Kirk H. Low. Tennessee CPA Journal. April 1999.
A tax bill arising from the TSCPA State Tax Committee is now on the governor’s desk for signature. Cooperation on tangible personal property issues between Tennessee’s count tax assessors, the auditors under contract with the assessors, the practitioners, and taxpayers will be enhanced by recent amendments to Tennessee Code Annotated, Title 67, Chapter 5, Part 4, entitled “Providing Confidentiality for Property Tax and Taxpayer Information.” Effective July 1, 1999 information supplied by taxpayers to assessors will become confidential except for the tangible personal property return.
In Tennessee, real property records are open to the public. Confidentiality of tangible personal property records was not a significant issue until the settlement between the public utilities and airlines against the Tennessee State Board of Equalization. This settlement required the State Board of Equalization to increase the number of tangible property audits conducted. County assessors began requiring property schedules to be attached to returns. As a result, key financial information is now being requested by the auditors including copies of Tennessee franchise and excise tax returns, working trial balances, charts of accounts, depreciation schedules and lists of leased equipment.
The new law will limit access to the tangible personal property records to the following:
- the taxpayer or the taxpayer’s designee,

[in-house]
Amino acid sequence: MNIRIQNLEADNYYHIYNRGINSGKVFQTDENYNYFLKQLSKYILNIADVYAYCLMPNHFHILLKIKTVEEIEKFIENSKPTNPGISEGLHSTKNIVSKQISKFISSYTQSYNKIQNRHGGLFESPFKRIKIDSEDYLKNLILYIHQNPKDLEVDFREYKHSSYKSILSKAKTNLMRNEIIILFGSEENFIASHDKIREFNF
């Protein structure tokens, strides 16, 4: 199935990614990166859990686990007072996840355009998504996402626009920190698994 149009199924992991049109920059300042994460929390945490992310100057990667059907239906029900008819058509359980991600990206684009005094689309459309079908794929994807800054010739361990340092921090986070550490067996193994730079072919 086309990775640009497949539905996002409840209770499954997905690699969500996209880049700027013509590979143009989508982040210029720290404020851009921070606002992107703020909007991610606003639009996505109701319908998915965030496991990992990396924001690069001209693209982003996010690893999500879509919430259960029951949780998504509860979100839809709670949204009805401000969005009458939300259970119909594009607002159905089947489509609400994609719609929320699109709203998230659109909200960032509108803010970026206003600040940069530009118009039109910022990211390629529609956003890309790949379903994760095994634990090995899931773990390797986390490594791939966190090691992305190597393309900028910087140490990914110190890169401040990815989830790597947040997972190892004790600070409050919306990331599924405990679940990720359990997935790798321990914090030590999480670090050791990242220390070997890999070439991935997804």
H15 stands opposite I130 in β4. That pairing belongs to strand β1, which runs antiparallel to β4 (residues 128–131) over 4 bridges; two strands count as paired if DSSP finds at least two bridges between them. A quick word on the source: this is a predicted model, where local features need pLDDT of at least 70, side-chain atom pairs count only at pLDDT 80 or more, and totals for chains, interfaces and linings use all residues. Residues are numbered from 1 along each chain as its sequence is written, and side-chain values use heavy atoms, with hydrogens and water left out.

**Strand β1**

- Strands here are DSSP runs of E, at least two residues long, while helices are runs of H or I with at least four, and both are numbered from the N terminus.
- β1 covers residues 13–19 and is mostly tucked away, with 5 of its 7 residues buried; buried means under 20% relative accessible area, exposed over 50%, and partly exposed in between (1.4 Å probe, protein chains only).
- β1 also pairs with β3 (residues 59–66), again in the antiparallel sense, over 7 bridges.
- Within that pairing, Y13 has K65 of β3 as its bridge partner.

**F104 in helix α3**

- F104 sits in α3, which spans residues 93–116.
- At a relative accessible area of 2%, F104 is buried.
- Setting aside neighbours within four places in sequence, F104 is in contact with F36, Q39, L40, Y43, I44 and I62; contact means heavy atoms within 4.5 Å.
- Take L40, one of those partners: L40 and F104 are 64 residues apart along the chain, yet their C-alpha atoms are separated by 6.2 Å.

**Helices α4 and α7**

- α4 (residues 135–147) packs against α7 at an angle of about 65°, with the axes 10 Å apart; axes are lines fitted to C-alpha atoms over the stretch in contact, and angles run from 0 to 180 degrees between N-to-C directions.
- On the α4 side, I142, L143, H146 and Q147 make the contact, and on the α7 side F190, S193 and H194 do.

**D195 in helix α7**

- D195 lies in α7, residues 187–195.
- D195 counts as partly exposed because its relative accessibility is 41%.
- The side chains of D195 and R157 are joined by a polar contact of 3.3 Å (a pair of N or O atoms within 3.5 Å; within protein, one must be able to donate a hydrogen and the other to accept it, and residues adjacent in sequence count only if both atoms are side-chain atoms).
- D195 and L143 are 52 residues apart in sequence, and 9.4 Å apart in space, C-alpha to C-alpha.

- individuals with a court order allowing access,
- the assessors and their employees
- the auditors employed by the assessors, and
- child support enforcement staff.
The Tennessee State Board of Equalization will develop rules on the disclosure of tangible personal property information.
This legislation brings the confidentiality of tangible personal property records in line with the requirements imposed upon the Tennessee Department of Revenue except that the tangible personal property return remains public. In keeping the return as a public record, the Tennessee Legislature allowed the public to see the amount and relative age of property reported, but not the details of what the company actually owns. However, because leases are listed on the back of returns, the details on leased property would be available to the public.
Communication between the assessors and practitioners will improve by these changes in the law. Practitioners will be able to provide information to assessors that, in the past, had to be limited to protect the client’s records.